A PAIR of fugitives who fled from an open prison were caught after they were overheard bragging about their escape in a pub.
Convicted armed robber Vincent Israel, 31, and burglar Peter Johnson, 29, went straight for a pint after absconding from HMP Sudbury on September 9.
The pair drove 50 miles from the Category D prison in Derbyshire to the Stitching Pony in Kettering, Northamptonshire, where they were heard boasting of their escape.
A customer called police and officers attended the scene to take the dopey crooks back into custody later that evening.
Israel and Johnson, both of Corby, Northamptonshire, admitted charges of escaping from lawful custody on Wednesday.
They were both jailed for a further four months after they appeared via video-link at Northampton crown court.
Sentencing, judge Rebecca Crane said: ‘Those in category D prisons are trusted prisoners. You breached that trust.’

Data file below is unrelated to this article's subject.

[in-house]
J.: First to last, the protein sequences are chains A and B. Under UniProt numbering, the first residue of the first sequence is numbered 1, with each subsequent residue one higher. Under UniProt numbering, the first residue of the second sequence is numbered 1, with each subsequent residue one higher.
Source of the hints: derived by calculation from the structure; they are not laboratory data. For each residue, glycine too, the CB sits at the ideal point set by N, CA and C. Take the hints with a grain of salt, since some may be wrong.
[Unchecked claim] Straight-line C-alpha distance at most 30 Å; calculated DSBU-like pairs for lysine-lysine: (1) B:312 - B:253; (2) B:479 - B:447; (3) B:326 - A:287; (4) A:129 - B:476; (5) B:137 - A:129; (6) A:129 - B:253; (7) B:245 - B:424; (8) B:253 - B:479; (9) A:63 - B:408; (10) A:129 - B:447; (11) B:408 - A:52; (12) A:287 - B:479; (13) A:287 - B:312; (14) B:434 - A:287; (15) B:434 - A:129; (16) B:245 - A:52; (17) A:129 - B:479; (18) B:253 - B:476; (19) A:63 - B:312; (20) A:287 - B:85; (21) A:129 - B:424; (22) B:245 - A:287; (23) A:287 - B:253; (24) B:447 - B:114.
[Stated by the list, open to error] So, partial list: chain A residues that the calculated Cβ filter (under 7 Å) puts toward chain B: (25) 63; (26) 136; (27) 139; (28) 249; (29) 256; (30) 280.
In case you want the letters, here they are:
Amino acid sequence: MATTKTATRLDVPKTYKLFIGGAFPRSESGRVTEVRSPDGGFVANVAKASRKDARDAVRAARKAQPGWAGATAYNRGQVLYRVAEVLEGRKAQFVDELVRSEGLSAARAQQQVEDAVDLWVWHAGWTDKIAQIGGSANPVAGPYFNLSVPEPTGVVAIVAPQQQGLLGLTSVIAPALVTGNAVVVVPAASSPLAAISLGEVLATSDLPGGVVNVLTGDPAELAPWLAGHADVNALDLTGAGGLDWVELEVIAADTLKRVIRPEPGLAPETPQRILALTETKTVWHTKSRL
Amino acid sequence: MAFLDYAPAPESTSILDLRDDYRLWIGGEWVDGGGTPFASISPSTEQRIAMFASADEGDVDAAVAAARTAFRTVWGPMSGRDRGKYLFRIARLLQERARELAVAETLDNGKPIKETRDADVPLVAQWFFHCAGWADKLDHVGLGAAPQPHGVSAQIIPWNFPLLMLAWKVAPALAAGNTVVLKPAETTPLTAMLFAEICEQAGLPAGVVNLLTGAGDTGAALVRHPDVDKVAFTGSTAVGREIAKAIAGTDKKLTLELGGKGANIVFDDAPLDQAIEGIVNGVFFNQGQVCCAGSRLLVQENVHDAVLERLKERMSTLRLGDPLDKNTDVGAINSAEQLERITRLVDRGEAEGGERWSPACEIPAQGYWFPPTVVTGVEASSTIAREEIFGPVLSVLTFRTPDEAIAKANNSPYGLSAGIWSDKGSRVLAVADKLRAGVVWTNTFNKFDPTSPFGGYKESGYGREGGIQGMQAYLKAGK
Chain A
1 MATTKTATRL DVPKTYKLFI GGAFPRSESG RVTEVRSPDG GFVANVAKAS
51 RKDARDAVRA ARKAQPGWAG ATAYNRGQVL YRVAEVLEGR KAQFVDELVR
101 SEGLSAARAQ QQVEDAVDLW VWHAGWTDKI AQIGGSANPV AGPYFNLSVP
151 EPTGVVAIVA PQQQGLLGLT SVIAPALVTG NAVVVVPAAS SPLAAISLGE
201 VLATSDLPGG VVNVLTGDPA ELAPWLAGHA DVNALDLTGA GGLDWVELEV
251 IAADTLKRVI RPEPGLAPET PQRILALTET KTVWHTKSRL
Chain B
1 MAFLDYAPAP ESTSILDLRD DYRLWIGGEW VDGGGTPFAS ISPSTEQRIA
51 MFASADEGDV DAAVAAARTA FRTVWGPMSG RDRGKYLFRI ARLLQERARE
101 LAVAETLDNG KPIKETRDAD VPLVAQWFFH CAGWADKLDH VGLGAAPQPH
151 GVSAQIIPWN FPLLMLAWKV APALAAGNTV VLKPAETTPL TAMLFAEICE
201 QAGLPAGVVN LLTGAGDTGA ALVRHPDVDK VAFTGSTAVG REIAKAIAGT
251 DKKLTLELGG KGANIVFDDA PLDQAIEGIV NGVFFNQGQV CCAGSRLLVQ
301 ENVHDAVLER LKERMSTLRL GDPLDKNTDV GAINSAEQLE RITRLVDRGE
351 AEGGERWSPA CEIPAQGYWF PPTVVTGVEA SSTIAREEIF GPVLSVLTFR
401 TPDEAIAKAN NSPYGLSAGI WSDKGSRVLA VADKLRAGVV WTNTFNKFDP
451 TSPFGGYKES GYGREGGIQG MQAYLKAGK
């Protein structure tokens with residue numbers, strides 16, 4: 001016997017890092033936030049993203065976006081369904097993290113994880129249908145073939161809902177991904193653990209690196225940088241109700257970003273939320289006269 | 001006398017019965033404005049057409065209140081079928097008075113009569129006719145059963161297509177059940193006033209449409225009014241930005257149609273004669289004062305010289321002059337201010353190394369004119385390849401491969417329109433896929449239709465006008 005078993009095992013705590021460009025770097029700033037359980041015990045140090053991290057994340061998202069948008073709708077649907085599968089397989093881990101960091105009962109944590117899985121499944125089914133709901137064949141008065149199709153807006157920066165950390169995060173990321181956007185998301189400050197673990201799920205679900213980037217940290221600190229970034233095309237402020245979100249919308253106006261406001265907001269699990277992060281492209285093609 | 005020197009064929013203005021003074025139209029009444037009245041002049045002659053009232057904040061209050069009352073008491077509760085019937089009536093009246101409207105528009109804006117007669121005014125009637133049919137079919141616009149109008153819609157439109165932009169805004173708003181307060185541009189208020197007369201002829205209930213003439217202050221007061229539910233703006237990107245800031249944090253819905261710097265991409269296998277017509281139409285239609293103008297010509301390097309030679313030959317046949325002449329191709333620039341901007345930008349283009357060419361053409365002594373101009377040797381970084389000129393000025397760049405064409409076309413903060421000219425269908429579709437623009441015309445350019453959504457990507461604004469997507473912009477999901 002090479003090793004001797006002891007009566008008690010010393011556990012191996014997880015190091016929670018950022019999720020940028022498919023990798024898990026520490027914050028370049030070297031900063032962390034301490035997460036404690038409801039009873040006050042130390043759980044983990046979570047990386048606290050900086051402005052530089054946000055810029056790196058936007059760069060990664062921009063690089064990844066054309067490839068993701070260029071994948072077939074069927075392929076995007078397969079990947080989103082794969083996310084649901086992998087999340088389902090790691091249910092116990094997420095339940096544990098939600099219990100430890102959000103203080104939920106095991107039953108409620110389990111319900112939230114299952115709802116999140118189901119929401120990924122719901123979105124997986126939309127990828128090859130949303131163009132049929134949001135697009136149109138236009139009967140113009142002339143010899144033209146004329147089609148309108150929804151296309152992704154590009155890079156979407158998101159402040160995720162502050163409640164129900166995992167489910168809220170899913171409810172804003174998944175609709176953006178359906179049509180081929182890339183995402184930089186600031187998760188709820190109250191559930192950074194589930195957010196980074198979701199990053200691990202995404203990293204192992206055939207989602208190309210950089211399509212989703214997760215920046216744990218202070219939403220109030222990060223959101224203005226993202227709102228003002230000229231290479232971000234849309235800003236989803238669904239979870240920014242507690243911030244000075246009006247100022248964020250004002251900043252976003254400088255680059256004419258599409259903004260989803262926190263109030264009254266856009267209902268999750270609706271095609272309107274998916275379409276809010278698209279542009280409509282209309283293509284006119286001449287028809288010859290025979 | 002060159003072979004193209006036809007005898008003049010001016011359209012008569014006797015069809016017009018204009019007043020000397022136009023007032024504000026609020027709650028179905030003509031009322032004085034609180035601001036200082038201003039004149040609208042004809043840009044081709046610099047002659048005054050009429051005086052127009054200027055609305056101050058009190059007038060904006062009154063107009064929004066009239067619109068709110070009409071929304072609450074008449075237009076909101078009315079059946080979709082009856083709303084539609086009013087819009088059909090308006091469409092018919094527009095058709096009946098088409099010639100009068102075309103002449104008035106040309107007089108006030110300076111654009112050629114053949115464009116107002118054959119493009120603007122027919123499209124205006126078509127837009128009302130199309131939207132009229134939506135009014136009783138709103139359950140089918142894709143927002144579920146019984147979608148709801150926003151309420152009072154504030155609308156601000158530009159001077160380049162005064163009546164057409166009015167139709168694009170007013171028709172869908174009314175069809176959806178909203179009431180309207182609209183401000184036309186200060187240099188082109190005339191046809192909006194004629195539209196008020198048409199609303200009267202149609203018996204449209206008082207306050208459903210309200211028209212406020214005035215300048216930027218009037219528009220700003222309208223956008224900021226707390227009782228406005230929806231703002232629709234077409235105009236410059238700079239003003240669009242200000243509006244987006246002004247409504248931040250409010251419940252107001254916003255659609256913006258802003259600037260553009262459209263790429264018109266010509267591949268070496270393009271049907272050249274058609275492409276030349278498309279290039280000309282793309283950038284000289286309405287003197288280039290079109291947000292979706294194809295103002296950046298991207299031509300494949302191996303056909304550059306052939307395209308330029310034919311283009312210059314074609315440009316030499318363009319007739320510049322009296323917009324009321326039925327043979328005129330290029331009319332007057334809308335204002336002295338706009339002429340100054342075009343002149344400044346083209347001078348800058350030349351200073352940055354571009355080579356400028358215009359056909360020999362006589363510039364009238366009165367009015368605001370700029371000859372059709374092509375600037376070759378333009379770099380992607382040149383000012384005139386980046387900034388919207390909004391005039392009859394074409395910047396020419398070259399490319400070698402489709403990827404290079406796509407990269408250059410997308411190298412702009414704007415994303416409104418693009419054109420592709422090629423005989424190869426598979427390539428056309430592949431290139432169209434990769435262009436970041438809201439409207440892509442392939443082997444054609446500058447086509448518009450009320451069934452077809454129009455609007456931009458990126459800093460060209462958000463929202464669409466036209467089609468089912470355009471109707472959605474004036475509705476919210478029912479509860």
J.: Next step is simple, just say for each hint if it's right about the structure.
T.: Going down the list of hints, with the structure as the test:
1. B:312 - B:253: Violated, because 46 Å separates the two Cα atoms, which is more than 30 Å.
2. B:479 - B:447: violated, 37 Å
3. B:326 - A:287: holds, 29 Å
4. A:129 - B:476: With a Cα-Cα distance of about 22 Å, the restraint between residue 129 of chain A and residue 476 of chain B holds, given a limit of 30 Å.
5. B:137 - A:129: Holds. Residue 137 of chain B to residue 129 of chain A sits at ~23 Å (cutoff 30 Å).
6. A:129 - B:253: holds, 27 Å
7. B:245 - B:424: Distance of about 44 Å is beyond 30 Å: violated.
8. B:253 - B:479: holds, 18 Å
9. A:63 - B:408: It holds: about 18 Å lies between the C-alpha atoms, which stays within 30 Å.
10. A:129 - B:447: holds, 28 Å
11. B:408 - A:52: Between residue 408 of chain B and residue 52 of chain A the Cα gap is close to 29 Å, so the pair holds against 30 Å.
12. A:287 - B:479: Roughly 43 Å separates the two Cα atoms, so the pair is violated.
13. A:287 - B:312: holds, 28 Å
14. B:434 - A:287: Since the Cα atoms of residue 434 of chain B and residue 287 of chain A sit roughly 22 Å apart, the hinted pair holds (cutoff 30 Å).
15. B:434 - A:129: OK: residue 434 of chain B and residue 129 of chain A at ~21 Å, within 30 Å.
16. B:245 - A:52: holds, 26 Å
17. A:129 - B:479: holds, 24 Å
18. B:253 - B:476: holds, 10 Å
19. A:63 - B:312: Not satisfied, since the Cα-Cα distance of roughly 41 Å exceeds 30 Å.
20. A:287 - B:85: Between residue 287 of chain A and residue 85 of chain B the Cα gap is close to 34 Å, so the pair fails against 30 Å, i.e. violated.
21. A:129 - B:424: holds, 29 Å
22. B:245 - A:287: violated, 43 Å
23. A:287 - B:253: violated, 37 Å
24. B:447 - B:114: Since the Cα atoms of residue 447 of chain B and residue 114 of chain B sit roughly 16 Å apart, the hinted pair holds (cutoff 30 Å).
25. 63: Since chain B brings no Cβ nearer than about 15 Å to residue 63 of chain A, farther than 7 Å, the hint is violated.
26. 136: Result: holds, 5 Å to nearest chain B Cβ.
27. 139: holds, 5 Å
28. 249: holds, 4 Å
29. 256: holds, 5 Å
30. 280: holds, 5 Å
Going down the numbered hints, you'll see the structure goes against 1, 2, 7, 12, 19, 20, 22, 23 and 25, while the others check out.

The court heard Israel and Johnson were reported missing from the open jail after a roll call found they weren’t in their cells.
An immediate search of the area was carried out, but they pair had already scaled the perimeter fence, driven into another county and were enjoying a drink in the pub.
Prosecutor Neil Bannister said police received a report that Johnson was in the Horsemarket area of Kettering with another man just before 10pm.
Both men ran but Johnson, who was jailed for a total of 876 days for burglary last year, was detained and taken into custody, where he refused to be interviewed.
Police went to an address in Corby associated with Israel and found him hiding between two cars.
After his arrest Israel, who was serving a 46-month sentence for robbing a newsagents, was taken to hospital with significant bruising and injuries to his feet.
Liam Muir, defending both men in court, said the pair had started using drugs again in HMP Sudbury and that other prisoners had asked them to collect items.
He said: ‘They found themselves desperate to not be in that prison anymore. They knew that when they were arrested they would be taken to another prison.’